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A team of researchers from Penn and Penn State have found that the brain’s amygdala is a unique structure in which people can perceive emotions but which is disrupted in people with autism. The researchers used functional imaging to study the amygdala in mice and humans whose amygdala functions to represent social cues, which is necessary for processing social situations.

This study suggests that the development of autism is associated with dysfunction in amygdala functions. These findings could be used to study how some autistic people learn to control and regulate their emotions.

The amygdala is a structure in the brain that is responsible for processing emotions including fear (flight or freeze), excitement (excitement), pain, pleasure and disgust. In humans, this structure is very small in size (20-36 microns) compared to other key parts of the brain, including the cortex and prefrontal cortex (PFC). A study by the team published in April 2011 found that mice with a congenital form of autism often display defects in the ability of the amygdala to process emotions. The abnormal structure in these animals, including increased activity of parts like the amygdala, was linked to autism-like behavior.

The Penn-Penn State team, a team led by Dr. Dina K. Cahn, found that people with autism could recognize and categorize certain emotion pictures but were unable to interpret others, which is a trait shared by people with the same trait but with different underlying genes. For example, people who suffer from autism may be particularly sensitive to images of faces, but may still struggle with processing faces that make them uncomfortable. However, the team also found that in mice with autism only parts of the amygdala displayed abnormal behavior, indicating that the autistic behavior was caused by a defective function in the amygdala’s structure.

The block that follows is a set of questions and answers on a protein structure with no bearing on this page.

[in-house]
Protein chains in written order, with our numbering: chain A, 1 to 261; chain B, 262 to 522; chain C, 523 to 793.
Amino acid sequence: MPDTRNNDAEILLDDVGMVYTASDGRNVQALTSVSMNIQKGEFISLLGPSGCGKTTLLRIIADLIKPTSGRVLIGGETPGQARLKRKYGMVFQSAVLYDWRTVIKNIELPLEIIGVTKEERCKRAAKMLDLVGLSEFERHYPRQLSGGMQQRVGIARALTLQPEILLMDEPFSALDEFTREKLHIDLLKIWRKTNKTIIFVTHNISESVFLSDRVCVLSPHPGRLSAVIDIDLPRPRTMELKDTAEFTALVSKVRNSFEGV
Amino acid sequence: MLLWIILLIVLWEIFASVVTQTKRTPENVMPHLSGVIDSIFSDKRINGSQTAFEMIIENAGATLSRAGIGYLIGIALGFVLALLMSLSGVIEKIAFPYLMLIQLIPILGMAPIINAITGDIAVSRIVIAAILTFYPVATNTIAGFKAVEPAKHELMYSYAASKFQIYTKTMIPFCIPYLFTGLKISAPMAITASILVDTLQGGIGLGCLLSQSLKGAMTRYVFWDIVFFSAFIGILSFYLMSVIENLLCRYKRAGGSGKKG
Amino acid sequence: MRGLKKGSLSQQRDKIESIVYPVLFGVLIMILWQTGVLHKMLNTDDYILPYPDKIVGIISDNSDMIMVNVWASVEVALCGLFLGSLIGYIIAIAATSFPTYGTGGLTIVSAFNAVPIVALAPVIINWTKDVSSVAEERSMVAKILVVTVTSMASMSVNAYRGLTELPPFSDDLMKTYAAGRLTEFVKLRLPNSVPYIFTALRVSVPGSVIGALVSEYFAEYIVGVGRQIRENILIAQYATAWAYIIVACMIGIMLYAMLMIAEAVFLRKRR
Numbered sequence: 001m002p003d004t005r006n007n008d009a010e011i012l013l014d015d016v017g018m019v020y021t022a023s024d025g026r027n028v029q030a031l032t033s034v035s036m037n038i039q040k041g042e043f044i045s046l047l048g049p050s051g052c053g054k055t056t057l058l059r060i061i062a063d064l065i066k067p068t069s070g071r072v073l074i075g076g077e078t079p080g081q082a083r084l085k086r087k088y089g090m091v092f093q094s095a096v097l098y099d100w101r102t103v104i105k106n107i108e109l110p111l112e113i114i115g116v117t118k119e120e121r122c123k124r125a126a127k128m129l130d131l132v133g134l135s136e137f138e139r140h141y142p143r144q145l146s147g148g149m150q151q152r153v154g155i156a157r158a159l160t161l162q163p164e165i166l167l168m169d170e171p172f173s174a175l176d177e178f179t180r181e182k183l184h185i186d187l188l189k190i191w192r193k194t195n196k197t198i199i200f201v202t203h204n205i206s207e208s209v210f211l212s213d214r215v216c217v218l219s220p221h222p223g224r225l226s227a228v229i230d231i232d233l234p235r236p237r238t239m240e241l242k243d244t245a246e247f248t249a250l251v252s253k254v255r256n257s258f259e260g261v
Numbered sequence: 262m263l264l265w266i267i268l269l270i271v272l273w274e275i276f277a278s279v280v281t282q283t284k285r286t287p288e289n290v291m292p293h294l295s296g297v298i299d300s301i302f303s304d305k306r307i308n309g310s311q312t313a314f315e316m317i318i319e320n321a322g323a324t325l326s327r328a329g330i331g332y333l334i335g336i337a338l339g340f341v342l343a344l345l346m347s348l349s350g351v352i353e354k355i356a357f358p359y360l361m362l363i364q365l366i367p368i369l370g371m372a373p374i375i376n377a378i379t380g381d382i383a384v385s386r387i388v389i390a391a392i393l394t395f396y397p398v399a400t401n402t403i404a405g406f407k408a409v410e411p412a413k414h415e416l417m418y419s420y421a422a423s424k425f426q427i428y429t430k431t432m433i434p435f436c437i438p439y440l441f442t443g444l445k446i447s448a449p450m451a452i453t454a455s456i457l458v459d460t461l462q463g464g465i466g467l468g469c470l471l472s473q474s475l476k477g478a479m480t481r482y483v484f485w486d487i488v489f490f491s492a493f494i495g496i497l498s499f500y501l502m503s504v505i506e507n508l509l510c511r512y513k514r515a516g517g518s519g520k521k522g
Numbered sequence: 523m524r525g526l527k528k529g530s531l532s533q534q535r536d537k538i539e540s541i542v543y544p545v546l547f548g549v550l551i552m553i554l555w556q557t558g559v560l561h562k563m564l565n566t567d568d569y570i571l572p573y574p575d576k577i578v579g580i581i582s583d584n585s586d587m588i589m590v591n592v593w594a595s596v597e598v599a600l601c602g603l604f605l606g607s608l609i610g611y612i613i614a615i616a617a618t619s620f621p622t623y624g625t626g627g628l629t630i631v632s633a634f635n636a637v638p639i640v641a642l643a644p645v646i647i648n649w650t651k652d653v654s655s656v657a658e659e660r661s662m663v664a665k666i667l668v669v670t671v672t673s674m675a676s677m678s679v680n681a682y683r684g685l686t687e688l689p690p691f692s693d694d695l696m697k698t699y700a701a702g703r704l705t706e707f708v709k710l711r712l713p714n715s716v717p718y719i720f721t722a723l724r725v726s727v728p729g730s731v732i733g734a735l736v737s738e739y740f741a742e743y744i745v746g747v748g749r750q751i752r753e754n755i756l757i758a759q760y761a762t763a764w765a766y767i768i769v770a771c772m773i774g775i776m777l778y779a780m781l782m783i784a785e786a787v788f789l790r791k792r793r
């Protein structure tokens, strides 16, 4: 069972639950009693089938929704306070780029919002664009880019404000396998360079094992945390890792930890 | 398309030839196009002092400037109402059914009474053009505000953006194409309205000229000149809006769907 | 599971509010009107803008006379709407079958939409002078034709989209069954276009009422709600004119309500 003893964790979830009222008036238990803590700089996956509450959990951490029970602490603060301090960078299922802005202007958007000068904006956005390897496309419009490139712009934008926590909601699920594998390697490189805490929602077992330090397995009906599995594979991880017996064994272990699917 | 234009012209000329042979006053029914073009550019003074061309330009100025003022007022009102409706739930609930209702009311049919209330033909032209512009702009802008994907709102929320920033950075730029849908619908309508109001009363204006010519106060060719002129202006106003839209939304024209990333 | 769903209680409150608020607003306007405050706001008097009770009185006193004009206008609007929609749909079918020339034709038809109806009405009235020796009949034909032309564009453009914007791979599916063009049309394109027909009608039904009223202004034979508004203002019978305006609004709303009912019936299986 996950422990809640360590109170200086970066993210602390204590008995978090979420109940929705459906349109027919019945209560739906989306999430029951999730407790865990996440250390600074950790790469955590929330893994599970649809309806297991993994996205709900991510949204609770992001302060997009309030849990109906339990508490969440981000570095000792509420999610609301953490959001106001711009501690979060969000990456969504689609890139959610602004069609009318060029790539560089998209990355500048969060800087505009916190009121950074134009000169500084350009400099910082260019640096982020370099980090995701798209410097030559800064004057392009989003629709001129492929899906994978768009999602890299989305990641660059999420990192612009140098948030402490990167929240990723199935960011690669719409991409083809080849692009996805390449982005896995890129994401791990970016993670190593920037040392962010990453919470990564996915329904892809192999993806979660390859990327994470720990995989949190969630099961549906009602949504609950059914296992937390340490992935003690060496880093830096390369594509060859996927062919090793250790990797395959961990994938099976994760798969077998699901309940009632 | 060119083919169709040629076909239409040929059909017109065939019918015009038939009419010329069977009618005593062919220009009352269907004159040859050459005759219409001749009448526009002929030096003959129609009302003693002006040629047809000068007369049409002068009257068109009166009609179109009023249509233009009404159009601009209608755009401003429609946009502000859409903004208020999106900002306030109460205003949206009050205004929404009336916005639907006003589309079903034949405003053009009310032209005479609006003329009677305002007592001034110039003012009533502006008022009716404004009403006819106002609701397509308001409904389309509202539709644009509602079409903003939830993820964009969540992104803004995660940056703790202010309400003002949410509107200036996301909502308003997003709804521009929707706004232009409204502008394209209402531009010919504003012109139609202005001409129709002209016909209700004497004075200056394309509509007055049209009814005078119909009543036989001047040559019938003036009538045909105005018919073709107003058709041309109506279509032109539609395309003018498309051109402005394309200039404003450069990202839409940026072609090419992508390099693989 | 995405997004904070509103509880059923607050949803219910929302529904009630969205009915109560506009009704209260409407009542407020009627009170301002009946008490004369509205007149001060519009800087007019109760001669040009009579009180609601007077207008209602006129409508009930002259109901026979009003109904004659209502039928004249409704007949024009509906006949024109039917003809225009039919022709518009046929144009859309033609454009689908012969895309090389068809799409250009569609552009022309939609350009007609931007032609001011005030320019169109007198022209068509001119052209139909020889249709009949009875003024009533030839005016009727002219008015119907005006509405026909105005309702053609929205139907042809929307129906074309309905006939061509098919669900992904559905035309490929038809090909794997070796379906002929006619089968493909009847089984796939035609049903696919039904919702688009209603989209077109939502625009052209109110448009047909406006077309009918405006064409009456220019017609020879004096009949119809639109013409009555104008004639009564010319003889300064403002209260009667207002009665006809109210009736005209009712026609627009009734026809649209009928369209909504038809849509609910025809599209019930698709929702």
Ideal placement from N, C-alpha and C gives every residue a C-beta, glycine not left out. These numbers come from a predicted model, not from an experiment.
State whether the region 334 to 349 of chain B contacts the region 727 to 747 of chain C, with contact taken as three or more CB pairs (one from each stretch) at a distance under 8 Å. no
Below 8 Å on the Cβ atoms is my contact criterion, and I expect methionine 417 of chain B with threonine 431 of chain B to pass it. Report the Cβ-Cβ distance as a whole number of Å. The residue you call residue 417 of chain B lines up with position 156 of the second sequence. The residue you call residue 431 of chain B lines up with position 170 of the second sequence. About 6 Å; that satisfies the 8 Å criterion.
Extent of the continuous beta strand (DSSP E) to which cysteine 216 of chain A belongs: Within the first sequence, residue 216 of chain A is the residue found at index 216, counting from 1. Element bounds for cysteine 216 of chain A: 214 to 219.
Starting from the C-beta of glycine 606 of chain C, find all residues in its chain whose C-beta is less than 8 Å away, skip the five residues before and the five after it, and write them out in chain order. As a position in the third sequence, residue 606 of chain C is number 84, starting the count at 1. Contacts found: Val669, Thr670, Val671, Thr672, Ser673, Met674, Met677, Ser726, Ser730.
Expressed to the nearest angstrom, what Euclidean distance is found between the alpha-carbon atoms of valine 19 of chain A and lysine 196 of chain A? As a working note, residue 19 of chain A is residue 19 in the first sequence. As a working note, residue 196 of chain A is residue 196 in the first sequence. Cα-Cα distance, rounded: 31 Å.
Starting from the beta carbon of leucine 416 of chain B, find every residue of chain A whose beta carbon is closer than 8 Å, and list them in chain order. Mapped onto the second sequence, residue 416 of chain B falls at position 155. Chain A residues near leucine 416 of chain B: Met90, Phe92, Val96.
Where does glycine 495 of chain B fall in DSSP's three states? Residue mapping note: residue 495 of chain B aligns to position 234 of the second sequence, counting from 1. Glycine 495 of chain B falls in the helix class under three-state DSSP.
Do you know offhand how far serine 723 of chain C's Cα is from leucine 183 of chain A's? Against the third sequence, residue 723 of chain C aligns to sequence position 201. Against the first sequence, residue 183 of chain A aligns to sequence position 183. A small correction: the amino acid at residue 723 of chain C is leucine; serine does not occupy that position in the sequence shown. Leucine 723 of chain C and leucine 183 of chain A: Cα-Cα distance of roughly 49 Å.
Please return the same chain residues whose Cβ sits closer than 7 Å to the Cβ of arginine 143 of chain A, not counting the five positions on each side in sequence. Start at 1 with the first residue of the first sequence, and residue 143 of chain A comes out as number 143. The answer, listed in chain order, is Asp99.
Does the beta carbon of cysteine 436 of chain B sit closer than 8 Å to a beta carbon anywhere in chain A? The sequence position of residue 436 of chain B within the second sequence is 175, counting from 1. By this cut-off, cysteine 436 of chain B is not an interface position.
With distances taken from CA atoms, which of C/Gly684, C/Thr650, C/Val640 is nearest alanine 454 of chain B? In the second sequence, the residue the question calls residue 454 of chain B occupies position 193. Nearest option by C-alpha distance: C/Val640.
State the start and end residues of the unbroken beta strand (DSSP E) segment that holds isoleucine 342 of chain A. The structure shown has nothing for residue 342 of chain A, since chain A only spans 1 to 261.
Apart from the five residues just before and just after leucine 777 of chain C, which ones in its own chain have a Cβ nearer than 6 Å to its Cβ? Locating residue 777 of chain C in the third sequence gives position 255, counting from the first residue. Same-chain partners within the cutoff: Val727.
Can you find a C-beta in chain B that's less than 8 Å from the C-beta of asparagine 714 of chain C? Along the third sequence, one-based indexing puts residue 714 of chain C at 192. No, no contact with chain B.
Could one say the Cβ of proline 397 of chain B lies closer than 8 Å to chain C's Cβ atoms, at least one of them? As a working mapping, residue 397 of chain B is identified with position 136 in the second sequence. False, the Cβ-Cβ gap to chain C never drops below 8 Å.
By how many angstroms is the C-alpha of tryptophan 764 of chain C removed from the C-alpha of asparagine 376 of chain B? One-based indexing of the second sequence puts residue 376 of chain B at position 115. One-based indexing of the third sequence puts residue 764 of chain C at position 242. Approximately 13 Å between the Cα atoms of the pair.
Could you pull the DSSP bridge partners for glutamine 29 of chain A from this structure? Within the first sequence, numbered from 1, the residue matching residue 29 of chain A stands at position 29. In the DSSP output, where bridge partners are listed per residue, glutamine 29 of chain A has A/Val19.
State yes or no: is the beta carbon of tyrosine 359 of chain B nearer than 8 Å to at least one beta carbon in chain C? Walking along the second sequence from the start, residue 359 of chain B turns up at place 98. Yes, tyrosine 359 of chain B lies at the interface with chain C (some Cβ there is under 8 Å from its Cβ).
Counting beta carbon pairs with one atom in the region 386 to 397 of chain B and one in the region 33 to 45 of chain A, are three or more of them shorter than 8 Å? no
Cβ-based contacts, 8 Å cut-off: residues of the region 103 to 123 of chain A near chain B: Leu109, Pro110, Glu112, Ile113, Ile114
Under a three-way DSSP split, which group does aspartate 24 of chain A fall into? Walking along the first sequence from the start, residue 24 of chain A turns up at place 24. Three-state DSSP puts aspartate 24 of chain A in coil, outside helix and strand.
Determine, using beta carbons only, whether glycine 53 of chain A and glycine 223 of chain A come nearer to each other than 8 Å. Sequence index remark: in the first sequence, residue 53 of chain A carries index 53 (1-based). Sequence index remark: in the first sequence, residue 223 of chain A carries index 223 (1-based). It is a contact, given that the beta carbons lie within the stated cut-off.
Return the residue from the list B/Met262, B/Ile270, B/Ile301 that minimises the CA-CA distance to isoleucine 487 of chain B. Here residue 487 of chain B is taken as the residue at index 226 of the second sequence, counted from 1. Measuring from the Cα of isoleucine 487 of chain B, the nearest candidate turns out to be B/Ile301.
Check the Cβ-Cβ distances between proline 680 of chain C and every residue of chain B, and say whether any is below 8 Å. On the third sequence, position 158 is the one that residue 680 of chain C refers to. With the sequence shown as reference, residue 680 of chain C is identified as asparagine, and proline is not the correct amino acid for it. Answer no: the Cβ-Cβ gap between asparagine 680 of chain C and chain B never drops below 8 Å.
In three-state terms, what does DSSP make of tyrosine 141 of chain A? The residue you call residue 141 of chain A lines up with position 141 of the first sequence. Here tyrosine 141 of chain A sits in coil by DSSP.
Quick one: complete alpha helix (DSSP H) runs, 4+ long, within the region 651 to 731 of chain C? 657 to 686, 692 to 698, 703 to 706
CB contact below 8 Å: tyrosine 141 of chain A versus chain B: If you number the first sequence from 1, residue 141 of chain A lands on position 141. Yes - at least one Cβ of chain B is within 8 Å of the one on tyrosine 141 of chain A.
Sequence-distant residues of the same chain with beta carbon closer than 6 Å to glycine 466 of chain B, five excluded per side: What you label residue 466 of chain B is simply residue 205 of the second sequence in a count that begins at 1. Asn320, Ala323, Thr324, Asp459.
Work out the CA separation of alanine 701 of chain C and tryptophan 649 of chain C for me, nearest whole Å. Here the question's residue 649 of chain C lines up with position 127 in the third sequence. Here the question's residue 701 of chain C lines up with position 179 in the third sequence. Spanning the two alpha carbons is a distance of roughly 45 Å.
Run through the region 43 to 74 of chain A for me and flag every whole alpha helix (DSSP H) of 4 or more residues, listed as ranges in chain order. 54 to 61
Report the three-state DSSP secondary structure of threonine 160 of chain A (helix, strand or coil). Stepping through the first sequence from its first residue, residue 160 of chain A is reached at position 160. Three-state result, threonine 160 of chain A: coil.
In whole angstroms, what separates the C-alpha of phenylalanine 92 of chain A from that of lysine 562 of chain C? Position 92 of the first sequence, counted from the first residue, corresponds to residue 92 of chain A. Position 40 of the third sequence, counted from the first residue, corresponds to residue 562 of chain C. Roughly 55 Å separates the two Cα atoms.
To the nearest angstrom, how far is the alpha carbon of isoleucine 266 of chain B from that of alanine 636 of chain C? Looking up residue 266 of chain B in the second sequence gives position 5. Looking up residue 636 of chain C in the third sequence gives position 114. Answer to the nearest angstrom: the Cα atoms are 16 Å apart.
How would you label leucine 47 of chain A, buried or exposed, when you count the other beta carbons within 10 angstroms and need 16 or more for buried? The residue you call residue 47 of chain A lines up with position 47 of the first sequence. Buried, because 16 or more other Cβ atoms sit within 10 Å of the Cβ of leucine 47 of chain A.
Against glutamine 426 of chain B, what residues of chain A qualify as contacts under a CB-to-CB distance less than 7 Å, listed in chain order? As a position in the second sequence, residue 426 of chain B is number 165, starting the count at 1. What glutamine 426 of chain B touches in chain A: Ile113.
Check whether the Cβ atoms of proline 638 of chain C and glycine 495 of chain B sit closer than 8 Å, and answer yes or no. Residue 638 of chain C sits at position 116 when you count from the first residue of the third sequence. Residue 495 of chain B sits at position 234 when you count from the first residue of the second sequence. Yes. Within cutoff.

“Our findings support the notion that emotions are represented in the amygdala, rather than expressed in other parts of the brain,” said Dr. Cahn. “This finding might offer clues to understanding some of the biological characteristics of autism – for example, why other forms of autism have symptoms like anxiety and social withdrawal, and why a subset of autism have been found to have severe deficits in social emotional behavior.”

This unique structure in the brain may be a key structure in the development of autism. Other scientists have previously shown that there may be a unique connection